Apology has emerged quite forcefully in the long-established democracies of Canada and Australia. In these countries, harms and human rights abuses began with colonial settlement and the displacement of Aboriginal people and continue up through the present day. Government apologies have helped to alter political landscapes by supporting and advancing political claims of Aboriginal groups. Apologies, once given, set in motion government and societal action that aim to instantiate their meanings. These political, economic, and social changes require explanation and defenses. Historical interpretations are frequently enlisted. There is a dynamic interplay between apologies and historical interpretation, which government apologies and their outcomes in Australia and Canada demonstrate.

Claire Potter is a professor of history in the schools of public engagement and the school for social research at The New School. She is also the executive editor of public seminar and is currently working on a forthcoming book called Click Bait Nation: the Origins of American iPolitics.

What might film’s contribution be to the work of acknowledgment, apology, and moral repair? James Baldwin's 1976 book on film, The Devil Finds Work, can be read as a reflection on the role that film might play in the extensive, multi-dimensional, public task of, as he puts it, putting ourselves in touch with reality, specifically the reality of American racism as an integral to American reality, its past and present. Developing Baldwin's thought, this paper outlines two broad types of cinematic pictures or conceptions of racism: (1) films can present racism as aspecial event, or (2) films can present racism as a pervasive, structural reality. The former is complicit in a racist ideology that pictures racism as exceptional, rare, and unusual; the latter functions to critique such an ideology by picturing racism, not as a departure from the norm, but as constitutive of it. I develop a formal account of these cinematic pictures or conceptions through close analysis of two films made three years apart: Norman Jewison’s 1967 In the Heat of the Night (which Baldwin also analyses) and Michael Roemer’s 1964 film Nothing But a Man.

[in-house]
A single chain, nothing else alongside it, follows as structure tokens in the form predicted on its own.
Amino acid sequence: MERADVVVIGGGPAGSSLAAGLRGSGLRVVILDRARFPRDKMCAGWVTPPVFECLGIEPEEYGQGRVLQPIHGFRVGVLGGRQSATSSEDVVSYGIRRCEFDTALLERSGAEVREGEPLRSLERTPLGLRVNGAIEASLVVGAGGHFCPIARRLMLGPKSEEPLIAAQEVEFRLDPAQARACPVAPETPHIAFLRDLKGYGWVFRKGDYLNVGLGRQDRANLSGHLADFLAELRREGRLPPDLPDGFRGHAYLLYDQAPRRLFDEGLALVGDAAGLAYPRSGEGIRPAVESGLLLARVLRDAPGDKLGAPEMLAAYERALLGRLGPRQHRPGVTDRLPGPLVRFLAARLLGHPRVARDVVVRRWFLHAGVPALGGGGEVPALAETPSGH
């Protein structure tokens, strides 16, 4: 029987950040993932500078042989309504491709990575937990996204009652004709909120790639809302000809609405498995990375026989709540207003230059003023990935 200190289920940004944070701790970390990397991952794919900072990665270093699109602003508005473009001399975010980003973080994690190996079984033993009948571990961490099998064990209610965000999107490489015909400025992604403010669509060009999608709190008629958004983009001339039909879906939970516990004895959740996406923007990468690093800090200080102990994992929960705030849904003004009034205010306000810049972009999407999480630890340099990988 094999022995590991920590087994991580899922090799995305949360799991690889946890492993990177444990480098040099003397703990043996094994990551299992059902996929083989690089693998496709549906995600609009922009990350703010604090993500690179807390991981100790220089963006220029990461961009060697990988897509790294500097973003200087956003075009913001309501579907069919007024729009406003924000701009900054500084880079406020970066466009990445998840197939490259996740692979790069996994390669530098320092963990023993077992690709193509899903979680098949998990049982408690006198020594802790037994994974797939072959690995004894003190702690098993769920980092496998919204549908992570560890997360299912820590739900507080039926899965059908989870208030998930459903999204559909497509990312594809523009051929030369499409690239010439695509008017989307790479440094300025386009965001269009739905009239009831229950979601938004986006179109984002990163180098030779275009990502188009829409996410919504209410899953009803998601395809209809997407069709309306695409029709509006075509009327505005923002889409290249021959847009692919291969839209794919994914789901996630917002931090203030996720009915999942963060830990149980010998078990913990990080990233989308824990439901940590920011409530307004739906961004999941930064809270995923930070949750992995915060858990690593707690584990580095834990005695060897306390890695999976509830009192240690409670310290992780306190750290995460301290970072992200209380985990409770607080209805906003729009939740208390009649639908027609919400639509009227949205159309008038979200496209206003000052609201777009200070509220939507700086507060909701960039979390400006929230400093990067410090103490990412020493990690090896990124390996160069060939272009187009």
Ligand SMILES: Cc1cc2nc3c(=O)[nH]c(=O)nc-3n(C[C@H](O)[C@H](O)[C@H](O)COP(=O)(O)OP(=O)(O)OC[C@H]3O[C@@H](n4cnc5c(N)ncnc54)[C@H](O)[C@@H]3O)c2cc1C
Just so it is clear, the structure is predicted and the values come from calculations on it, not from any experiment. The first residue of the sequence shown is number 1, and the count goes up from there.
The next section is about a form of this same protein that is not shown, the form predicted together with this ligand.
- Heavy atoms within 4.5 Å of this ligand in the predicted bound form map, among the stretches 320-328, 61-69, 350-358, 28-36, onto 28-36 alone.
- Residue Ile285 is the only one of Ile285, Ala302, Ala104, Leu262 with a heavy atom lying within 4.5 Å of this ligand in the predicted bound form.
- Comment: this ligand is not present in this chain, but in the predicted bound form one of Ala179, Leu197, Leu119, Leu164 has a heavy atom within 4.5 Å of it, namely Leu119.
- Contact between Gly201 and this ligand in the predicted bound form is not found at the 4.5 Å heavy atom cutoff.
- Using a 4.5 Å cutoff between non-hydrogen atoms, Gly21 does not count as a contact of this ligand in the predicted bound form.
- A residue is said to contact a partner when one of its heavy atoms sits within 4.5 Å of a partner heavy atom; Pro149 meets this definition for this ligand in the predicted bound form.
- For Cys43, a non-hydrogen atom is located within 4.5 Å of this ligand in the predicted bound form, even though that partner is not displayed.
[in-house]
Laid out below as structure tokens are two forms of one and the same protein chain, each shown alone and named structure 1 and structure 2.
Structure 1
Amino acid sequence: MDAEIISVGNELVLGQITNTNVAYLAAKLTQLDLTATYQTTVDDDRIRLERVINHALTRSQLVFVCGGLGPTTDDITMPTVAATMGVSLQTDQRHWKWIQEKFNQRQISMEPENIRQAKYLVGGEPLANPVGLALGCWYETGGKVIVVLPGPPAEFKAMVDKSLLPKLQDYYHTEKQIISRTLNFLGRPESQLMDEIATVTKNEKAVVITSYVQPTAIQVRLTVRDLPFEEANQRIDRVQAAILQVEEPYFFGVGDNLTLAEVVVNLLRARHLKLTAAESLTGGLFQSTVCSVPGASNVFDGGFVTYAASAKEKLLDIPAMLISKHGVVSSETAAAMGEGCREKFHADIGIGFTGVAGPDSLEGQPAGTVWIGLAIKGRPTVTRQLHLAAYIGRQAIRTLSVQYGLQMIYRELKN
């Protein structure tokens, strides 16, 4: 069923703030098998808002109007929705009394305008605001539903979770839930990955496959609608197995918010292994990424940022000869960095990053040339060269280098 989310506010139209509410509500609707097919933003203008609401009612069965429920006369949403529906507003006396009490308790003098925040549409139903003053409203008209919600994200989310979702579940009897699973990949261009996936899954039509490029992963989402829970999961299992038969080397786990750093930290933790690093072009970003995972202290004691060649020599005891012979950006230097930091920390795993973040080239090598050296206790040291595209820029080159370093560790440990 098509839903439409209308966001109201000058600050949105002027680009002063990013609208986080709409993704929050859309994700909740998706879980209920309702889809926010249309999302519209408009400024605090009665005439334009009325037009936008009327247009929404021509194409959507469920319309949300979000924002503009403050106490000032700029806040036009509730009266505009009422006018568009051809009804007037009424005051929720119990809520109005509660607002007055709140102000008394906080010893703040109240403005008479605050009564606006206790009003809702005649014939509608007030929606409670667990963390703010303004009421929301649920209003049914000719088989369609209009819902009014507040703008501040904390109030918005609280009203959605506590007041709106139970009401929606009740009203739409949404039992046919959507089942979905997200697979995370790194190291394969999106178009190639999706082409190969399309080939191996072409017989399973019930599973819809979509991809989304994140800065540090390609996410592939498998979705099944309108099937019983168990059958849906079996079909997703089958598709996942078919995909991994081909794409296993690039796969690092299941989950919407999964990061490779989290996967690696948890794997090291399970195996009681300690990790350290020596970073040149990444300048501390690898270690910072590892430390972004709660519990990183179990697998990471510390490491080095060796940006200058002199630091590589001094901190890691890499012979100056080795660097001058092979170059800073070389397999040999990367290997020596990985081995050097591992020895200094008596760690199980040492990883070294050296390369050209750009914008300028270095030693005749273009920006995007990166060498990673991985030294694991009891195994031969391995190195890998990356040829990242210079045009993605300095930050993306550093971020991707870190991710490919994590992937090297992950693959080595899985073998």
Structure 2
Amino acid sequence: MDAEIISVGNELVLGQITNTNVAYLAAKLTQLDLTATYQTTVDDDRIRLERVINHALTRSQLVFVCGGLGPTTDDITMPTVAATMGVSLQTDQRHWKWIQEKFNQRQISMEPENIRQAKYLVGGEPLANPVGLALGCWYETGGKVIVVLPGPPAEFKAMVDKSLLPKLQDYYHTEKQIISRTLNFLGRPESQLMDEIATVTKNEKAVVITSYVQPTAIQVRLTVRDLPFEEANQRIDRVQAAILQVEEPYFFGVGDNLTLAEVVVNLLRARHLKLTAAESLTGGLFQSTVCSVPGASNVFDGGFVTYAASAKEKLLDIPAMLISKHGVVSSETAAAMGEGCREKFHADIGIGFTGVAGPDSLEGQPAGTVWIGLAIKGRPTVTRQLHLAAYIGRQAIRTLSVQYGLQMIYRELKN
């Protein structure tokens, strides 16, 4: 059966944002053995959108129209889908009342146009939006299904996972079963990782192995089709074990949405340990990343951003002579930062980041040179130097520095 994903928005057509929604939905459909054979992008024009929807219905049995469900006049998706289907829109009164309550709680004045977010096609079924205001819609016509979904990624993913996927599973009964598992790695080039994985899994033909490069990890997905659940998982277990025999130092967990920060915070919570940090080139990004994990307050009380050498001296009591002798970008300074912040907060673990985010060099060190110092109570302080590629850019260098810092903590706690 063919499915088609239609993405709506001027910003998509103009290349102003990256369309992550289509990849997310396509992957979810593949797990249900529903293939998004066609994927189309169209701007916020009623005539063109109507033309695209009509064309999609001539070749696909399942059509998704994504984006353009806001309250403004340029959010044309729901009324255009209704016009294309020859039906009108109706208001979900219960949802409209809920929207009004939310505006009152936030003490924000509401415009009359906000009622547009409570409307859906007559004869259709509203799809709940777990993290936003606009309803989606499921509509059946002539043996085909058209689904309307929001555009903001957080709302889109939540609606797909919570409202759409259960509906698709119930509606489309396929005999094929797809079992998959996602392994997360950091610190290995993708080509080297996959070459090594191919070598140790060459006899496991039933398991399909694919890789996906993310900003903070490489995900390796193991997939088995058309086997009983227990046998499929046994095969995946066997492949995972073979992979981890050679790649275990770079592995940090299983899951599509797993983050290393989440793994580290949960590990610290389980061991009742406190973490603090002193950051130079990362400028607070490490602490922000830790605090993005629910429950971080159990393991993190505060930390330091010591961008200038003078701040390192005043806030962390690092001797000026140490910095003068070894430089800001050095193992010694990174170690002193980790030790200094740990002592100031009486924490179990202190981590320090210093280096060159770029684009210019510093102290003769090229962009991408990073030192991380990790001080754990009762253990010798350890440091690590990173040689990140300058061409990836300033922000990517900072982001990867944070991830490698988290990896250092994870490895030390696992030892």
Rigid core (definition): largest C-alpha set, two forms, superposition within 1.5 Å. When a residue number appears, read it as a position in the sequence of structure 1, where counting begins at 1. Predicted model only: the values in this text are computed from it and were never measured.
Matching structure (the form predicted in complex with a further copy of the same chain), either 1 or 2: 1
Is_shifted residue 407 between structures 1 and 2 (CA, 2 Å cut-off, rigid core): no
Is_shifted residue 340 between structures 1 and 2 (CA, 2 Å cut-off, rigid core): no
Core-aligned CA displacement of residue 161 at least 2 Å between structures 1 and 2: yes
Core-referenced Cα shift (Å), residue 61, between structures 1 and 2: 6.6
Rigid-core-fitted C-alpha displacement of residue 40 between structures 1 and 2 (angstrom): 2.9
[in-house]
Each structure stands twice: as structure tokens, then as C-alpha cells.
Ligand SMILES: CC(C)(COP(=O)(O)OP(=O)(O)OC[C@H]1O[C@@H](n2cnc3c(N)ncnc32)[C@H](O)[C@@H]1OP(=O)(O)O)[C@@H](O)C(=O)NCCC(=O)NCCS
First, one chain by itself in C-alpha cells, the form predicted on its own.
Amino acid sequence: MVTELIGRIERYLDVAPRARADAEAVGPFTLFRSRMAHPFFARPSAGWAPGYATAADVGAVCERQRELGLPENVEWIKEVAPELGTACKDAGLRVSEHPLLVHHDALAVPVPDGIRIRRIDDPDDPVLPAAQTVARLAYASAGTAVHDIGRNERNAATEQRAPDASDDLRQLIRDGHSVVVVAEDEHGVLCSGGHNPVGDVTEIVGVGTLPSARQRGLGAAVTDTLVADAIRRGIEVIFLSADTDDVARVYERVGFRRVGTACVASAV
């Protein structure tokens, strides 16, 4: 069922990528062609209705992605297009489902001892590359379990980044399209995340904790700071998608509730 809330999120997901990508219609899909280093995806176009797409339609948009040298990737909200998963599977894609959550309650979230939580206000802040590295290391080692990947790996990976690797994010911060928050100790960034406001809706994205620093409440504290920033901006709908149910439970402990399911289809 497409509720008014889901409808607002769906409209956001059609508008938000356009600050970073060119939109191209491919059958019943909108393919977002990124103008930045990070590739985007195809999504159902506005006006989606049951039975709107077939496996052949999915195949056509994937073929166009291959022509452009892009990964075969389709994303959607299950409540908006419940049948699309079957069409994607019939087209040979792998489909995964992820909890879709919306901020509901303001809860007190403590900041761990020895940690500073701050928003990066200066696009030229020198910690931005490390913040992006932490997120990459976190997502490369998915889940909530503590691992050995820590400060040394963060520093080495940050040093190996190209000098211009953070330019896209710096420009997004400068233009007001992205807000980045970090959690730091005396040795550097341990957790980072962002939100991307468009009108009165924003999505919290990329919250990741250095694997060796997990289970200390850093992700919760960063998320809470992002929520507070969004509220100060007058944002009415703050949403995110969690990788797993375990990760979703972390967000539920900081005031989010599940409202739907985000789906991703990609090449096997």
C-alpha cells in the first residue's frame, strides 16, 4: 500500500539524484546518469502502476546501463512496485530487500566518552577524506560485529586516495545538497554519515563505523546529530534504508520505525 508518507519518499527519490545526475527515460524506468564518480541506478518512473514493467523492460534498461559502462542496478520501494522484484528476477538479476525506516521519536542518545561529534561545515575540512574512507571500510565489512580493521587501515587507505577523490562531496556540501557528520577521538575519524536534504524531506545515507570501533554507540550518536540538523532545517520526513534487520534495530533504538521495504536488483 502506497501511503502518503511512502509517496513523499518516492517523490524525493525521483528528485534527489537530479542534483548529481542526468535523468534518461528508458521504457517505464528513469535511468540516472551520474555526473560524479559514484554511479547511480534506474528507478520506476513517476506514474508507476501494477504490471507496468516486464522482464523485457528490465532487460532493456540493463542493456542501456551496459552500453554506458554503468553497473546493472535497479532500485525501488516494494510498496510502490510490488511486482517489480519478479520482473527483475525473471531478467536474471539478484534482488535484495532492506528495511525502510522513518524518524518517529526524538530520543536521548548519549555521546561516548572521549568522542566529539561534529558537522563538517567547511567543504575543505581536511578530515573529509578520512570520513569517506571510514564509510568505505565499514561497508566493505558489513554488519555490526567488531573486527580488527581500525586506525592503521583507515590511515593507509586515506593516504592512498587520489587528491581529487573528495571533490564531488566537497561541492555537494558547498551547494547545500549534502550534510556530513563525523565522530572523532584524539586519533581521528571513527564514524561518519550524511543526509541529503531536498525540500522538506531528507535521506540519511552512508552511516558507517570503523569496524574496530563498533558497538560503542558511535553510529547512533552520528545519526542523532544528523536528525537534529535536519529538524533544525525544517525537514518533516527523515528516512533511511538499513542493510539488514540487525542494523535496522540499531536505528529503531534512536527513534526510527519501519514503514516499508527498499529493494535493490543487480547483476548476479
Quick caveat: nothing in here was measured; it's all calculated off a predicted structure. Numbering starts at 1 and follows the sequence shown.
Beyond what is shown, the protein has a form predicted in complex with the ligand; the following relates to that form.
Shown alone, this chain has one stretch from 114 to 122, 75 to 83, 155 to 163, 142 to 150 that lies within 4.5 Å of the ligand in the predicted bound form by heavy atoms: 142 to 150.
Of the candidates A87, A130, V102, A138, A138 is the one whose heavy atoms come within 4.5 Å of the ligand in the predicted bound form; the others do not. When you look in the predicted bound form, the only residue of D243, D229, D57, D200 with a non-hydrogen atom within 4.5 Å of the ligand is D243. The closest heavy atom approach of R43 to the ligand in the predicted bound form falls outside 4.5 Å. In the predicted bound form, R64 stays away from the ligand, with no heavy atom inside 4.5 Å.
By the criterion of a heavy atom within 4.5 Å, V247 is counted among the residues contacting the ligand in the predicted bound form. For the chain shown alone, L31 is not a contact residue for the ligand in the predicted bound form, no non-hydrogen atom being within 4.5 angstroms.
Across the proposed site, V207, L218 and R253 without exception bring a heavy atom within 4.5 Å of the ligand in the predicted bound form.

In the modern era, the statements and actions of public figures are scrutinized with great care, and it often emerges that they have said or done things that many people consider objectionable, hurtful, offensive, or despicable. A persistent question is whether public figures should apologize for those statements or actions. Suppose that an apology has a purely strategic motivation: helping a politician to be elected or reelected, helping an executive to keep his job, helping a nominee to be confirmed by the U.S. Senate. Empirical work presented here suggests that an apology might well turn out to be futile or even counterproductive. One reason is Bayesian; an apology produces updating that can be unfavorable to the apologizer (by, for example, resolving doubts about whether the apologizer actually said or did the objectionable thing, and about whether what the apologizer did was actually objectionable). Another reason is behavioral; an apology triggers the public’s attention, makes the public figure’s wrongdoing more salient, and can help define him or her. But many open questions remain about the reasons why apologies by public figures fail, and about the circumstances in which they might turn out to be effective.

An apology is supposed to be given by a wrongdoer to those he or she wronged. When wrongs are historical, wrongdoers and victims are no longer in existence. How then is an apology possible? What meaning can it have? I defend the view that many apologies for historical injustices can, and should be, understood as an admission of guilt and expression of regret by a representative of the perpetrating agent to those collectives and their representatives who are victims of its wrongs, or to those who represent deceased individuals who were wronged by the injustice.

In tandem with the evident trend toward political apologies, there is also a trend toward political forgiveness, the political practice of encouraging, endorsing, or inducing interpersonal forgiveness for injuries in situations of political violence. It is not surprising that societies tasked with repair in the aftermath of conflict might see forgiveness of injury as a desirable goal. There are good reasons, however, to doubt whether encouragement of forgiveness in such contexts is morally benign. More problematic, in many cases, features uncontroversially basic to forgiveness in interpersonal contexts may be absent, aberrant, or elusive in the aftermath of political violence.